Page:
A few years ago I hosted a men’s group on line. Women were welcome to participate in the discussions, which dealt with issues ranging from silly jokes to gender, equality and recognition of abuse, as long as they did so with the understanding that they were guests in the men’s home. A majority of the women held and expressed the opinion that men’s statements about being survivors/victims of abuse were offensive to women because such statements, by necessity, must be a negation of women’s reality as survivors/victims of abuse. Some even went as far as to demand that when men shared about their experiences of domestic violence and other abuse in the group, they must first qualify that women’s experiences of domestic violence and abuse are worse and more painful because 1. they are women and 2. there are more women that are abused by men than there are men that are abused by women.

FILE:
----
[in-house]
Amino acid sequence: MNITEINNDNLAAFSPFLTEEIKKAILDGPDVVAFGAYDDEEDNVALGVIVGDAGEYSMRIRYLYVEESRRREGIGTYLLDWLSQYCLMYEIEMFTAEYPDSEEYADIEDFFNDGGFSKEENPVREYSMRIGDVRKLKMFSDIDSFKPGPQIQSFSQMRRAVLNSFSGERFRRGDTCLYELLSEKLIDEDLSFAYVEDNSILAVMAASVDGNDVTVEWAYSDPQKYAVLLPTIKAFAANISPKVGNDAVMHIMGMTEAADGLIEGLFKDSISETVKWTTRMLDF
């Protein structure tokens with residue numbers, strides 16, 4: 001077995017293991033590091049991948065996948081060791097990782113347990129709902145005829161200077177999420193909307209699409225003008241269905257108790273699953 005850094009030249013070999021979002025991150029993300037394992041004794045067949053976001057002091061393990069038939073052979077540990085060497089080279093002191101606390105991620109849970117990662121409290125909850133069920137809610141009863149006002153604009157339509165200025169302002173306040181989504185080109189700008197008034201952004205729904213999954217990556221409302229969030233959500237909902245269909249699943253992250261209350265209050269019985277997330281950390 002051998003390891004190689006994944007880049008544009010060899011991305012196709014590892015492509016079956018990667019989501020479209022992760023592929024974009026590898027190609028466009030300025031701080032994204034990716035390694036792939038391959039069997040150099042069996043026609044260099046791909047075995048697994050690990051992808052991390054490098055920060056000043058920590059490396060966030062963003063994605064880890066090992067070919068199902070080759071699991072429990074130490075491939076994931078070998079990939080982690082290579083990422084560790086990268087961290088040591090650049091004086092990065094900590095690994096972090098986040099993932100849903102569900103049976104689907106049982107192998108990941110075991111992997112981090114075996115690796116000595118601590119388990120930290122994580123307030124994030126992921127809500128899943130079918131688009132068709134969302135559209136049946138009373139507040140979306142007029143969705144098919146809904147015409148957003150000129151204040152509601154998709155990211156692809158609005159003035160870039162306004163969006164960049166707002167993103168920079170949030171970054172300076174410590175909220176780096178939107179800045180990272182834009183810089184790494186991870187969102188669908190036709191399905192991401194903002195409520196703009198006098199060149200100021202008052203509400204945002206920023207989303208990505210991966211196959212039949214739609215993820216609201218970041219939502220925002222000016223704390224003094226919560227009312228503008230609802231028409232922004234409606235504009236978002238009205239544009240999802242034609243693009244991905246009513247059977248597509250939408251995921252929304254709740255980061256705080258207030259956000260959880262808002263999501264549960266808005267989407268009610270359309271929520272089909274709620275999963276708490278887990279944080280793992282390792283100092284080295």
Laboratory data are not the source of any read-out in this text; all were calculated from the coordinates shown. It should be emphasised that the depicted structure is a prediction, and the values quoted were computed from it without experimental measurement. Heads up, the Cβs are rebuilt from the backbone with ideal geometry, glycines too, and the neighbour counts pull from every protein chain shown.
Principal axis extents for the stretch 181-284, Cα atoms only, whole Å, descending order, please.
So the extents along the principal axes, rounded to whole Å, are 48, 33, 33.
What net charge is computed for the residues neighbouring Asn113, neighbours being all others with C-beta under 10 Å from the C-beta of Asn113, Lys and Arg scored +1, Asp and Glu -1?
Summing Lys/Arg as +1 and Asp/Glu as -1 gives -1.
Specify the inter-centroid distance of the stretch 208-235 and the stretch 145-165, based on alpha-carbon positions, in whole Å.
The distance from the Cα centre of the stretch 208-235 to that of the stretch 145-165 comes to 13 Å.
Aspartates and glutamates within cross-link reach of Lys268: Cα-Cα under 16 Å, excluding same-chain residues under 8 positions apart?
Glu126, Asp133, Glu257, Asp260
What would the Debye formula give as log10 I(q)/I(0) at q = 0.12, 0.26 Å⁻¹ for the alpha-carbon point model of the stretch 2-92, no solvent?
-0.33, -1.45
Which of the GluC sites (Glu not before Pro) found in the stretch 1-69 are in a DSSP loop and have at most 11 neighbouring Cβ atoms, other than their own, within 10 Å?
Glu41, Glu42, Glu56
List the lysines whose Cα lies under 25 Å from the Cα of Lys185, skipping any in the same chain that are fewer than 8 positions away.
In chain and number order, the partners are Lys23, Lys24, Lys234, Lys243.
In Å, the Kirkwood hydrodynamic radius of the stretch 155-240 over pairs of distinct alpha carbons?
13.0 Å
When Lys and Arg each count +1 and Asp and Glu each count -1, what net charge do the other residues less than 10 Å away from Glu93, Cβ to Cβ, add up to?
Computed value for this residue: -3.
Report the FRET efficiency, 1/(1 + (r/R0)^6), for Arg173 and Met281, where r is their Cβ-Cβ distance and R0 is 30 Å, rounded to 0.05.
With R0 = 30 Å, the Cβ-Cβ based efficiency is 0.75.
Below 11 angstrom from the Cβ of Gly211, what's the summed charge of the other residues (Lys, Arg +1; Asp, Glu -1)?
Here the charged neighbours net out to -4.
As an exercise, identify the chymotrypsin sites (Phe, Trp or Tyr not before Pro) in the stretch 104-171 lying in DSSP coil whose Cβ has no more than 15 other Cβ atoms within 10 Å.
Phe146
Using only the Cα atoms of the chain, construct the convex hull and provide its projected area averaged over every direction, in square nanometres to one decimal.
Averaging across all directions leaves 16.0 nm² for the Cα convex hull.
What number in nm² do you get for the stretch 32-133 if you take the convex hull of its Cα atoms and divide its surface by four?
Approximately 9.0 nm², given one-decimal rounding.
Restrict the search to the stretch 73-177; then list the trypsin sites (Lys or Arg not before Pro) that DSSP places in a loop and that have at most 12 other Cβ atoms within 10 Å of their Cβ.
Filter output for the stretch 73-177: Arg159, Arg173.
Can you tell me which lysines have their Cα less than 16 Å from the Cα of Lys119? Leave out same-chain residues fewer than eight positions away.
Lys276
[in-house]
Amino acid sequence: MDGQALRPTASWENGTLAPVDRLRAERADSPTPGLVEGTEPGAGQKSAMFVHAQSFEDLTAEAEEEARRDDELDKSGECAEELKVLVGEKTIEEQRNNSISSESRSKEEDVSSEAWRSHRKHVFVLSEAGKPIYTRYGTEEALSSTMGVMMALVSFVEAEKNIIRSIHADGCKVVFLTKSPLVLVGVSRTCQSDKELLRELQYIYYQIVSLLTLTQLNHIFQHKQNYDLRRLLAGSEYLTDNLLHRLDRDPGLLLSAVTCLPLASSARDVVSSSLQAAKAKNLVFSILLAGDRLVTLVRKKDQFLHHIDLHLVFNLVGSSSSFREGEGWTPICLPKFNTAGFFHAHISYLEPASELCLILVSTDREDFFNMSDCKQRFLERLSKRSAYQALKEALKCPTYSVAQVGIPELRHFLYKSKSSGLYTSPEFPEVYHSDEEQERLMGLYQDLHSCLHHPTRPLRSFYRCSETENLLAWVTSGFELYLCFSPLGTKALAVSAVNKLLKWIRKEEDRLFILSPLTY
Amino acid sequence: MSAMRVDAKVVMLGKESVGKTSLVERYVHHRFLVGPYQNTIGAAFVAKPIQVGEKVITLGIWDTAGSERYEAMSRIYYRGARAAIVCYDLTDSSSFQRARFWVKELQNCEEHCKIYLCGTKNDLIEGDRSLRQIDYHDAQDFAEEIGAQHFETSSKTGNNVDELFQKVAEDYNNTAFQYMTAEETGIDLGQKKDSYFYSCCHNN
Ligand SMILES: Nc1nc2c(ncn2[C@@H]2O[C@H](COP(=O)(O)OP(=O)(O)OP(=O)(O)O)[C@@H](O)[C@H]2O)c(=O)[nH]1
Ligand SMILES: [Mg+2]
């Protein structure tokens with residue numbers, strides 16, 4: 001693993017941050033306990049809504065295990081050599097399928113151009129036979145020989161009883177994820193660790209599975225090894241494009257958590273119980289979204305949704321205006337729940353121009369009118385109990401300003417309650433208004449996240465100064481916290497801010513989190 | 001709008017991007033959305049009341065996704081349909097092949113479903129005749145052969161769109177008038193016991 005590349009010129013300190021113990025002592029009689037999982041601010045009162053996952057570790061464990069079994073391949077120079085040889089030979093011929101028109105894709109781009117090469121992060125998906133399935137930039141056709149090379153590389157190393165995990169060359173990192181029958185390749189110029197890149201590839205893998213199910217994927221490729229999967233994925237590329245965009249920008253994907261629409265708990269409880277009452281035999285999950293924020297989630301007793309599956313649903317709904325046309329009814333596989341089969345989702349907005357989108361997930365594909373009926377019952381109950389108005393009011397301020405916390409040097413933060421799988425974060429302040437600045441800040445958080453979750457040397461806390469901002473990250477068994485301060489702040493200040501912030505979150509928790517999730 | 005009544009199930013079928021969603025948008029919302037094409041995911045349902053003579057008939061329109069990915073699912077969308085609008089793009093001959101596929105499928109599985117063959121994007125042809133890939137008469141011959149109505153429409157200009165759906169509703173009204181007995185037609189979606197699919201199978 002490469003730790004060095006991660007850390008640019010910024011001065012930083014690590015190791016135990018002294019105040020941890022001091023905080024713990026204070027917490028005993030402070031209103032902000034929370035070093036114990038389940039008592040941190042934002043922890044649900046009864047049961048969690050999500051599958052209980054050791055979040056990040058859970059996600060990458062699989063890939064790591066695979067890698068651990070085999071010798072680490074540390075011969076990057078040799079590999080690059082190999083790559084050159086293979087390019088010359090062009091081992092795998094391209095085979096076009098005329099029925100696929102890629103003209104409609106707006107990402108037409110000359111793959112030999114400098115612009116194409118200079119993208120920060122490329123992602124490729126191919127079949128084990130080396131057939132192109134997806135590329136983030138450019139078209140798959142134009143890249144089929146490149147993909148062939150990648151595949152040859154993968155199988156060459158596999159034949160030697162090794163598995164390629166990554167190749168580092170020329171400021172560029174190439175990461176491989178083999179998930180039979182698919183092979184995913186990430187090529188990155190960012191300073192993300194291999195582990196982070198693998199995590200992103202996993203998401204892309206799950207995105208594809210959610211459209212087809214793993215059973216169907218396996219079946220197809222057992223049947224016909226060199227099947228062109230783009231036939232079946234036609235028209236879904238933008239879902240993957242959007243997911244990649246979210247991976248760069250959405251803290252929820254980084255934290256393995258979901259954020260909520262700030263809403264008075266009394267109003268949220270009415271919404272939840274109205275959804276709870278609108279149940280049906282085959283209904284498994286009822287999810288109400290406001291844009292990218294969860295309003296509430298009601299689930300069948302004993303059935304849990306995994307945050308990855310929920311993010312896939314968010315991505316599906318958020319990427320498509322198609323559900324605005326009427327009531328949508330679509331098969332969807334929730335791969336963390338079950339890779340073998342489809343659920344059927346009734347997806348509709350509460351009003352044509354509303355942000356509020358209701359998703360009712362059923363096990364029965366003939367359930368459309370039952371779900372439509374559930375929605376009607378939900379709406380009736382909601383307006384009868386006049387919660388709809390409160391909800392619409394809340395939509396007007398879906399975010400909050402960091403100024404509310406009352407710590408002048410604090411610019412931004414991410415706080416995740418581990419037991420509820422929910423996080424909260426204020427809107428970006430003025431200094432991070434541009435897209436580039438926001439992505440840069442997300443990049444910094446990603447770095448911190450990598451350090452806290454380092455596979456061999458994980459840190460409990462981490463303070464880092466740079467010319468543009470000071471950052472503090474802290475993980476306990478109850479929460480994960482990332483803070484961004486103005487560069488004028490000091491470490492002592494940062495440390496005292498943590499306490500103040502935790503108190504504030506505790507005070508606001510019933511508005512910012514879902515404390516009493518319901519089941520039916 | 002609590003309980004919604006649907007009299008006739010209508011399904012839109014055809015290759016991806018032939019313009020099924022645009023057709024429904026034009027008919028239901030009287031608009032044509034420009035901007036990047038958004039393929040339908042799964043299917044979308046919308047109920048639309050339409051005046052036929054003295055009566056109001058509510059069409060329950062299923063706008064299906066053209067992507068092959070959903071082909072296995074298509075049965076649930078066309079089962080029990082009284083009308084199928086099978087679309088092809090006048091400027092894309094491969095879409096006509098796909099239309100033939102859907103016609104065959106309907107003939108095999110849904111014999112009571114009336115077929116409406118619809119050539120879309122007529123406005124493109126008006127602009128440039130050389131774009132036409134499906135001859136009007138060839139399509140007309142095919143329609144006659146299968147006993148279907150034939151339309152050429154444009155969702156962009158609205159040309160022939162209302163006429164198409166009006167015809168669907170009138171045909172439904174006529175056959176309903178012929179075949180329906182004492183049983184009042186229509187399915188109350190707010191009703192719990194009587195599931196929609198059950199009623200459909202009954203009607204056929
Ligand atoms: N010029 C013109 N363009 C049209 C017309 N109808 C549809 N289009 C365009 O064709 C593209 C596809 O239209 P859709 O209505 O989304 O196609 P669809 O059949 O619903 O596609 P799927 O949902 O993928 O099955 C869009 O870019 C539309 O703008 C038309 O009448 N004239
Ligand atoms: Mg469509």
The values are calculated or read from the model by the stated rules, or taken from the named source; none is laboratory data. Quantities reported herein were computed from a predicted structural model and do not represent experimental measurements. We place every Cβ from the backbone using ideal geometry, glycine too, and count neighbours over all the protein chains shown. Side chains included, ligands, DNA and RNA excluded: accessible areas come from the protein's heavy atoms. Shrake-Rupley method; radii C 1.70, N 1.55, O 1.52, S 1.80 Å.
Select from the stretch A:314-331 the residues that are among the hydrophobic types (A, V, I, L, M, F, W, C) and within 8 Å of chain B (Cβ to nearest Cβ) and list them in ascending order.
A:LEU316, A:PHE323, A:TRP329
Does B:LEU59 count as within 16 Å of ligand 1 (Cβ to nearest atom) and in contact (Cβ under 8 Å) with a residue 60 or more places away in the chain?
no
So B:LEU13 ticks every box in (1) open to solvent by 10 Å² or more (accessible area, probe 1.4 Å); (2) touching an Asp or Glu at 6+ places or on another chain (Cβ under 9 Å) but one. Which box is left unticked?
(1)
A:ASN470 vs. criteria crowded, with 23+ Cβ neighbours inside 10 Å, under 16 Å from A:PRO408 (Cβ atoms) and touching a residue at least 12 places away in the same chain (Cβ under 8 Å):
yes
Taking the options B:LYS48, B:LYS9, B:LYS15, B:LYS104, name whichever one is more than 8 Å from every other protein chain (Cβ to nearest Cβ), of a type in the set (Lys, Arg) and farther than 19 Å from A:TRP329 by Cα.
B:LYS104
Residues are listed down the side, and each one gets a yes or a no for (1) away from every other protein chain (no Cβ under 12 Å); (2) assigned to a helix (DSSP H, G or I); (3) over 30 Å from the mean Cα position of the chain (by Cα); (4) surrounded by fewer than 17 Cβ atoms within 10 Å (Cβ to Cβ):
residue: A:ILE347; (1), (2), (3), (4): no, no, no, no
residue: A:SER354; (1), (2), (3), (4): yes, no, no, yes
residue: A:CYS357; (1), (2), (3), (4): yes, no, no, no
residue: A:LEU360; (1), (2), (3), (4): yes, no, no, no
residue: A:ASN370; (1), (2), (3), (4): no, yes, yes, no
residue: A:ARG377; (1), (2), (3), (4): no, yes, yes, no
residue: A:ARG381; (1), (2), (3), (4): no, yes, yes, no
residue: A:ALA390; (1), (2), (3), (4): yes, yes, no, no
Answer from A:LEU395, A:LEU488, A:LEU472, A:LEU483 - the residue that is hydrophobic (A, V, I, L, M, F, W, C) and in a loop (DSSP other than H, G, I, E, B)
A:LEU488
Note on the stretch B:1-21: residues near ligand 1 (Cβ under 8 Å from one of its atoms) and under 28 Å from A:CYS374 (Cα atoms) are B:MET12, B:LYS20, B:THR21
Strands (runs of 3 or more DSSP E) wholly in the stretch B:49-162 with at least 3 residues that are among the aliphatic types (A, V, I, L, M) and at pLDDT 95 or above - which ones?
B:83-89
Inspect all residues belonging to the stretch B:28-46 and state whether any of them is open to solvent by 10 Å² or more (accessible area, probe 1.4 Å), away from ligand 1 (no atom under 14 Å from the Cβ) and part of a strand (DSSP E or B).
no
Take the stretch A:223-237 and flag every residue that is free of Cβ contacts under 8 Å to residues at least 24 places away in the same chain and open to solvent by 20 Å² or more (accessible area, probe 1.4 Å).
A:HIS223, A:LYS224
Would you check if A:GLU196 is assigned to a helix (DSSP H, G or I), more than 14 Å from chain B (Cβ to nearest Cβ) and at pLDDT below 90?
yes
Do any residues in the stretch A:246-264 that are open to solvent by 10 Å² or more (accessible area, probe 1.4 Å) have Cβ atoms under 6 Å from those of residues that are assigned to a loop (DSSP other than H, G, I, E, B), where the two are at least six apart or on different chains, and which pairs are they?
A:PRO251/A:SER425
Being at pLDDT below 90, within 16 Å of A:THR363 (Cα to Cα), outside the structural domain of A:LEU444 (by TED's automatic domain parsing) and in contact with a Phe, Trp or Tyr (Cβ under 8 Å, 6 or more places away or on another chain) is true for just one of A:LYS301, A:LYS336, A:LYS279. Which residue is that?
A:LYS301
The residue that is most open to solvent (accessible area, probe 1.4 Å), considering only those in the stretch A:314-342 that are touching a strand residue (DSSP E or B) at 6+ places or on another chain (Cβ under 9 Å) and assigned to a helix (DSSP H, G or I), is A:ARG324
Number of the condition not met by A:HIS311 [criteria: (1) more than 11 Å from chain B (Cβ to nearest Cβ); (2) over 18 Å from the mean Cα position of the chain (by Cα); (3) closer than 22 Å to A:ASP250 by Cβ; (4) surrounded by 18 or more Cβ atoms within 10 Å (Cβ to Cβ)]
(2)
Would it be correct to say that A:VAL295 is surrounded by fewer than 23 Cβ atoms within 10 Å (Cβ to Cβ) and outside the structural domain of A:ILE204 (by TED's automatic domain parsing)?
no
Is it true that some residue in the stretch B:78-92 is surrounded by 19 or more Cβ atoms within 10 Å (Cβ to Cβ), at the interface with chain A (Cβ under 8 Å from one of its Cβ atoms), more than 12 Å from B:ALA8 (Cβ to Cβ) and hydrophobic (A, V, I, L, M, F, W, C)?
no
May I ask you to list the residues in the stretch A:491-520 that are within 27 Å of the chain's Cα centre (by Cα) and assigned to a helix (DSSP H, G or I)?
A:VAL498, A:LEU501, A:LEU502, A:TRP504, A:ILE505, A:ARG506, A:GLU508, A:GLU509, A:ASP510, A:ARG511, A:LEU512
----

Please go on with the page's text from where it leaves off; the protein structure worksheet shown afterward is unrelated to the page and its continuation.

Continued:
What I am trying to say here is that it’s all good and well that men are being made to understand what kind of impact they have on women’s lives, but if we truly want gender equality and the eventual eradication of gender, we have to see both genders for what they are in terms of violations against humanity. This means that women too have to be made to understand what kind of impact they have on men’s lives and how feminism is screwing both genders to the bone and serving neither men nor women in the long run, but in fact cementing the skewed ideas we have about men and women.

4 Responses to “On the matter of Gender Politics”

  1. rachel cervantes said